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News posted on Wednesday, 28 October 2015

WFA tells Senate hearing government needs to fund marketing to improve profitability
The peak body for Australian winemakers has appeared before a Senate hearing in Western Australia to make the case for industry reform. Winemakers' Federation of Australia president Tony D'Aloisio and chief executive Paul Evans appeared at a special Senate committee hearing in the Swan Valley winemaking region today. The Rural and Regional Affairs Transport Reference Committee has been hosting Australian Grape and Wine Industry hearings around Australia as part of an inquiry into the wine industry.

Coles, Woolies accused of 'decimating' wine industry
Winemakers Federation of Australia is urging the federal government to force Coles and Woolworths to identify their home brand wine labels for consumers. Winemakers Federation of Australia chief executive Paul Evans told a Senate inquiry in Perth on Tuesday there were concerns in the industry about Coles and Woolworths marketing wine similarly to branded wine from producers. "What we would like to see is that home brands are identified so consumers can make their choice," Evans said.

Government blasted over grant to wine industry giant
The State government is often accused of not being able to see over the Mount Lofty Ranges or beyond Gepps Cross. So you might think a $2m grant for a business operating in regional South Australia would be universally welcomed - but, not so. The SA government last week announced Treasury Wine Estates would receive $2m from the Regional Development Fund to use as part of a $25m project to expand its Wolf Blass Winery and Packaging Centre in the Barossa Valley.

Drones as common as tractors? Farm technology in 2025
In a shed near Toowoomba, researchers at the University of Southern Queensland are developing the tools and techniques they think will dominate farming practice by 2025. The Institute for Agriculture and the Environment executive manager Kevin Norman said the University of Southern Queensland had invested $30 million in its agriculture research programs. "There's some really exciting things coming on ... real world practical solutions that we can deliver to our farmers," he said.

Kiwis' fondness for sweetness bad news for decent wines
Looking at New Zealand wine consumption, a solid argument could be made that popular taste has had little to do with good taste for the past 50 years. The reason for that is our fondness for sweetness. We like to think that craving the next sugar fix is an American thing, but we're actually not that far behind. The obesity stats say as much. Our beer has traditionally leaned toward sweetness. With wine, for decades now New Zealanders have lapped up a series of go-to drops offering little but dollops of sweetness.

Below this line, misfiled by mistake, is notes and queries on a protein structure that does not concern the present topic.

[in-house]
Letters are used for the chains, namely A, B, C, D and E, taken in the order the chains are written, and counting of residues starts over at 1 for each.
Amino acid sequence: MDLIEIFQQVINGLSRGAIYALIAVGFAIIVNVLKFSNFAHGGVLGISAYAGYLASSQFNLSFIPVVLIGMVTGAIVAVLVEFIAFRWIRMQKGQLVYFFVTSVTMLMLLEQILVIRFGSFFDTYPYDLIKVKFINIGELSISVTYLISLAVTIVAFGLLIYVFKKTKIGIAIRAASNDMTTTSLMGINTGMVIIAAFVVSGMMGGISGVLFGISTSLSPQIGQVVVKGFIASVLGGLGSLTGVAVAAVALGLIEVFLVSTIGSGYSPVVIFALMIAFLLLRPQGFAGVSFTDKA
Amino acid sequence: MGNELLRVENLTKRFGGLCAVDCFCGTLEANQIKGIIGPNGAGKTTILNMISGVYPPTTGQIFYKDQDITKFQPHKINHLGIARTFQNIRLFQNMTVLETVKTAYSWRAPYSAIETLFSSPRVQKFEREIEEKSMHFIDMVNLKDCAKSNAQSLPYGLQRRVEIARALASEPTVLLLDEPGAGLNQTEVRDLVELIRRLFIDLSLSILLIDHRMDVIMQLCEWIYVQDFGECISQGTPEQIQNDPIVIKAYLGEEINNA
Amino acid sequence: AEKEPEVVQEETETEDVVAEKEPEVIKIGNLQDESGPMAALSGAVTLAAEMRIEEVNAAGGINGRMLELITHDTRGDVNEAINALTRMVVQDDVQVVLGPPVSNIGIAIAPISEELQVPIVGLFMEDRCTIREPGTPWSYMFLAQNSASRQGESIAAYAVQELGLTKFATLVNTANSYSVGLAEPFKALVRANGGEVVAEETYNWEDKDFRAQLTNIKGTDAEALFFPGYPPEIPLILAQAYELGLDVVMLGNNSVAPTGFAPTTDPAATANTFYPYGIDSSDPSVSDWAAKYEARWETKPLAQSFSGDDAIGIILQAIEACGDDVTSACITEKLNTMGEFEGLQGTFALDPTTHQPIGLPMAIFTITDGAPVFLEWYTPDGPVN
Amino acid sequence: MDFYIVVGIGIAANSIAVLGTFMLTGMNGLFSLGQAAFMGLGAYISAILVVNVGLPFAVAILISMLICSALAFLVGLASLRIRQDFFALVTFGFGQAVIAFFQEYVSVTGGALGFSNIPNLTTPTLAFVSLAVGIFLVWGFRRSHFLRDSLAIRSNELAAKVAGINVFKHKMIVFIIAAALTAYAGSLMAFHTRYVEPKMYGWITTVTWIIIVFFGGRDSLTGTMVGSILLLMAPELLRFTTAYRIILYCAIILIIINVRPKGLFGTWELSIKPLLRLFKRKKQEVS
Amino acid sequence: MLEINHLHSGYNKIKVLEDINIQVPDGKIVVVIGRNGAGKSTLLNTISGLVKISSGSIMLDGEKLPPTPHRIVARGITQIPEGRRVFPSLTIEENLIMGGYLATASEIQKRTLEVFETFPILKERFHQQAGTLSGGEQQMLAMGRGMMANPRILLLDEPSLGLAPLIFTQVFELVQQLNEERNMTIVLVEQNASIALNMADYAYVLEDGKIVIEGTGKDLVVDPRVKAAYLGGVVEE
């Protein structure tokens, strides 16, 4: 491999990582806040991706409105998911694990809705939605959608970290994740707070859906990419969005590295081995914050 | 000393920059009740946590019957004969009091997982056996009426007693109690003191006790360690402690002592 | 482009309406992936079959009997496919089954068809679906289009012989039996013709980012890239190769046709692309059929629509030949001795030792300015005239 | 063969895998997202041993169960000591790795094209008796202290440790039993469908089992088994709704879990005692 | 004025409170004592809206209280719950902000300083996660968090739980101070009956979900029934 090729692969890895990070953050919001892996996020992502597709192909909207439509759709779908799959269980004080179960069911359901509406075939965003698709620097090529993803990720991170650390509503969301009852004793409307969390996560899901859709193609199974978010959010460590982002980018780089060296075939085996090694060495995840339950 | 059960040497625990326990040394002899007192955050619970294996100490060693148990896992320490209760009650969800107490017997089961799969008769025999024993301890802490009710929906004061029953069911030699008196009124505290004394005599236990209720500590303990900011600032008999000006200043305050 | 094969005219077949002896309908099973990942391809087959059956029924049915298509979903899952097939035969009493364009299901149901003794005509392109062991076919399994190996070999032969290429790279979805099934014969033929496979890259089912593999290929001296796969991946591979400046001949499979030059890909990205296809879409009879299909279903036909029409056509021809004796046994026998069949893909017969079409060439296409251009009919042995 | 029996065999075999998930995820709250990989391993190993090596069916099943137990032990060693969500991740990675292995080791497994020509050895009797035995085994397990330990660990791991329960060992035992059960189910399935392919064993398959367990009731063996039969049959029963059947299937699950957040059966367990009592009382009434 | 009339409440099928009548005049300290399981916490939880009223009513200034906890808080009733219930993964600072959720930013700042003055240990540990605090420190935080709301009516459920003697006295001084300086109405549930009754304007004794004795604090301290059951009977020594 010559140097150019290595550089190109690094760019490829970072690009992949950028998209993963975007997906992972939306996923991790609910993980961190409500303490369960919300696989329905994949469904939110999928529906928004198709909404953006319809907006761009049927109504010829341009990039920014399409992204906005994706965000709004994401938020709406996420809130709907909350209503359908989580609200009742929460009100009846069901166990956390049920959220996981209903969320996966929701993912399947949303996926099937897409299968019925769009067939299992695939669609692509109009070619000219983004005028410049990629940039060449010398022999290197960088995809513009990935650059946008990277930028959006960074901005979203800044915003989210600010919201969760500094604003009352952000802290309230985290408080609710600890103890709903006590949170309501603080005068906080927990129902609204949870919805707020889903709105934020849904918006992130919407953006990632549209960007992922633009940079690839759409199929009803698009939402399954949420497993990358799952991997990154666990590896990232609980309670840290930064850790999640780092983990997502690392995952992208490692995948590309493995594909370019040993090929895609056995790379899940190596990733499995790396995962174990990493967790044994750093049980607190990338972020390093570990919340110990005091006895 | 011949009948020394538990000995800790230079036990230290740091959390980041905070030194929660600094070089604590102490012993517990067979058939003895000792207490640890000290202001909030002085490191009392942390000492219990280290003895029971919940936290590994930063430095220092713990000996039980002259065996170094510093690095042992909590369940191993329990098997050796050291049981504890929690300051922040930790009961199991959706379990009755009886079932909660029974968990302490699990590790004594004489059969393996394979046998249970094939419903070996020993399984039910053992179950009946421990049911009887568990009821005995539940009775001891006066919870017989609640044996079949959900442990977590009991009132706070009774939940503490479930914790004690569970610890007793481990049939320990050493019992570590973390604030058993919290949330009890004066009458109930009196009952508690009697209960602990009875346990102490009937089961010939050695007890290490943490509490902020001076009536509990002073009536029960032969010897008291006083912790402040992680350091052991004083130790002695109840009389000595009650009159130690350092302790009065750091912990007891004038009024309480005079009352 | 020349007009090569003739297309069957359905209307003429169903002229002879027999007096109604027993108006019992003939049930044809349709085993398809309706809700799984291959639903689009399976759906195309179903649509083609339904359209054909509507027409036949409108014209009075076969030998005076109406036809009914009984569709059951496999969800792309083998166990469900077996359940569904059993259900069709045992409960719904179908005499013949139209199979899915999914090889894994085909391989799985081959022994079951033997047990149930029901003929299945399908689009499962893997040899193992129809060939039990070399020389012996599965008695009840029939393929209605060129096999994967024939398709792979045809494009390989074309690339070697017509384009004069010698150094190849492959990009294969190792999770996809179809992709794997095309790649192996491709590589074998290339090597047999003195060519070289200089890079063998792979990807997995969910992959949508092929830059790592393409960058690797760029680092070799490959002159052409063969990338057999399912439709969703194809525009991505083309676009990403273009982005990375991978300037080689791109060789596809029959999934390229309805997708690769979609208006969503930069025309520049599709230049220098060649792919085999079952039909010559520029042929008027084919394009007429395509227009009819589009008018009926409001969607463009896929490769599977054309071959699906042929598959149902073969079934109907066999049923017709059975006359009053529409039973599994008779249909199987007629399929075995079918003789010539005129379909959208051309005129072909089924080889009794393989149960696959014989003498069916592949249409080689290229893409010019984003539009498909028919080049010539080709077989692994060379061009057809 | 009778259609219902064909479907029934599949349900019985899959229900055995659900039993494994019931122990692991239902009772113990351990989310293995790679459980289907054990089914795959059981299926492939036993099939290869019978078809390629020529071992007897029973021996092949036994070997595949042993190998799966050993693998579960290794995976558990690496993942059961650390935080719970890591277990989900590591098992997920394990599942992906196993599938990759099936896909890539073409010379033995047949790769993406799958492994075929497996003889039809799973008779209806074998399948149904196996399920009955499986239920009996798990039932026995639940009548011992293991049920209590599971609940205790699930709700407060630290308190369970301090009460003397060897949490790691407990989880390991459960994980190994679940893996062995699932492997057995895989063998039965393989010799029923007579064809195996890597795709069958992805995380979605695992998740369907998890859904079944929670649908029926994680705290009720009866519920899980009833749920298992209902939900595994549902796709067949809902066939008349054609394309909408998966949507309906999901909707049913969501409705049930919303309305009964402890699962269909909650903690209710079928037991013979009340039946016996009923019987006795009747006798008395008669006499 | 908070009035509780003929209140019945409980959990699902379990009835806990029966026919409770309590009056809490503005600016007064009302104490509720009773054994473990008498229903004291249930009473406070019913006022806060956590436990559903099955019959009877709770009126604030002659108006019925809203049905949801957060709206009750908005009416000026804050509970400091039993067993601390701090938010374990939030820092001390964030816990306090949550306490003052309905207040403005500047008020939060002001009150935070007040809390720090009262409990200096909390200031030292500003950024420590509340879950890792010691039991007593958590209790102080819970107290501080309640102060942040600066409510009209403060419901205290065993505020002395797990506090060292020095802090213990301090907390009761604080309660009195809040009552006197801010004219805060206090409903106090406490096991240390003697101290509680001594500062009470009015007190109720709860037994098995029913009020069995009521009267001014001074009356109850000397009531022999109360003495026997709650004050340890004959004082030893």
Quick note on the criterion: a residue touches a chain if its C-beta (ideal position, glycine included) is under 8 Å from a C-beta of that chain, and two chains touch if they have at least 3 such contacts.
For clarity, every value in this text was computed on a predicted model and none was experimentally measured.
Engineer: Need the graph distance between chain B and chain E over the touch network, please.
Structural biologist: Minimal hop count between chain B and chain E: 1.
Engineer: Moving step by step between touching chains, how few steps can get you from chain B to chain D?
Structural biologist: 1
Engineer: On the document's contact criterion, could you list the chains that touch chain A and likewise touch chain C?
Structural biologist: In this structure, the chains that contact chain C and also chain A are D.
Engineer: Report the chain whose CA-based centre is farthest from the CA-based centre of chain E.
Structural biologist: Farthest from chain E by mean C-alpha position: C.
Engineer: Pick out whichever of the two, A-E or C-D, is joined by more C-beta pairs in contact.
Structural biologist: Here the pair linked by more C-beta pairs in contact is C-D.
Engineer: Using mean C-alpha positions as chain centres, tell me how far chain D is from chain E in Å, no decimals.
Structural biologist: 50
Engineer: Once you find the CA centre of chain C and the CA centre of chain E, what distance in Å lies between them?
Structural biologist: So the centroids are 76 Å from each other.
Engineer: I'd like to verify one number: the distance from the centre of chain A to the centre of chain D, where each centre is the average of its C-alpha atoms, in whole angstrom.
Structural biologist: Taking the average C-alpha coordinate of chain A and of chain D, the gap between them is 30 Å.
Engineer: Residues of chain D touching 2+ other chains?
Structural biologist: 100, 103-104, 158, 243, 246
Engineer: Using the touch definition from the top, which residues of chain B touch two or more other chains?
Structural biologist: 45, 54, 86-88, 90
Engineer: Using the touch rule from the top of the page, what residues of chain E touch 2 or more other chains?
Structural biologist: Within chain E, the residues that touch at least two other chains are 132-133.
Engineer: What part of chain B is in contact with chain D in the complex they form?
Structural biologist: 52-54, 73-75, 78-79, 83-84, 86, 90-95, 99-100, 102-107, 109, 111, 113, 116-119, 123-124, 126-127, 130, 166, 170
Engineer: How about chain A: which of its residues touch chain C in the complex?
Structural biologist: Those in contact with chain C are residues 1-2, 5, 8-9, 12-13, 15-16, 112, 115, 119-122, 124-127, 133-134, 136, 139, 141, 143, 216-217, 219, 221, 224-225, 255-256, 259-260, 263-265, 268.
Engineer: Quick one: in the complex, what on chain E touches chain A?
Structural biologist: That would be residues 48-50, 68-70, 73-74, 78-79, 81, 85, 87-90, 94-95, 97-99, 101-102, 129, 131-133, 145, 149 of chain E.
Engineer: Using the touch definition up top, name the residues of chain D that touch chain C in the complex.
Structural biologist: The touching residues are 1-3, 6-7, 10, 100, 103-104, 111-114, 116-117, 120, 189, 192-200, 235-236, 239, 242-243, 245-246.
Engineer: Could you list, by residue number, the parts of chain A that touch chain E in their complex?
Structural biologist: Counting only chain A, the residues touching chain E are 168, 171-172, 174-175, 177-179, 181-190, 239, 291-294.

Alexandra wine growers' new release drops snapped up at Central Otago event
Wine lovers sampled and snapped up new release wines from around the Alexandra basin at the weekend. The Alexandra Basin Wine Growers' New Release Event is in its seventh year, and showcases over 50 new release wines. This year it came under the umbrella of the inaugural Down to Earth event celebrating Central Otago wines. Angus Bradshaw, of Grasshopper Rock vineyard, said their vineyard - which was owned by five couples from around the country - launched its 2014 Pinot Noir at Sunday's new release event.

Laser mapping to pinpoint prime grapegrowing areas
Laser mapping data can help the English wine industry identify the best places to grow grapes, says a UK government department, as it releases the data to the public. Growers can make use of 3D LIDAR (Light Detection and Ranging) maps to understand variations in slope and aspect, pinpointing the best locations for vines to thrive in. It is estimated that an additional 75,000 acres of land in England is prime for grapegrowing.

Napa grapegrowers look back on a difficult year
Napa Valley Harvest 2015 came and went in record fashion, beginning a full three weeks ahead of normal and coming to a close by the second week of October. Since July, grapegrowers across the valley have experienced the rush of the busiest and most exciting part of the growing season. It is the moment that every action in the vineyard points toward. With the 2015 harvest complete, the vines move toward winter dormancy, allowing grapegrowers to reflect on the year past.

Cool Climate Symposium to feature whos who of wine
Next year’s Cool Climate Wine Symposium will feature a “who’s who of the international wine community” according to event chairman, Bruce Tindale. Speaking last night at a symposium networking event in London’s Vintners’ Hall, Tindale – who owns Surrey vineyard High Clandon – emphasised the high calibre of speakers at the conference, which spans three days in Brighton from 26 to 28 May next year.

Wine trade 'needs a Jamie Oliver'
The wine trade could benefit from having “a Jamie Oliver” figure to engage with consumers and encourage interest in wine, replicating the chef’s success in engaging a generation with food, a leading retail buyer has said. Speaking to the drinks business at a tasting of its portfolio in London, Davy Zyw, buyer for Laithwaites, said wine had been “slightly left behind” as interest in food has taken off in recent years. “It’s an exciting time for food and wine in the UK at the moment”, said Zyw.

Trophy sweep for Taylors at Great Australian Shiraz Challenge
Clare Valley winery Taylors Wines has made history at the Great Australian Shiraz Challenge last night, winning both the Best Australian Shiraz and the Best Australian Shiraz under $25. Receiving a score of 19.5, the awards mark the second time a single wine has collected both trophies on offer at the competition. Mitchell Taylor, third generation managing director, said he was proud to be receiving such a prestigious accolade.

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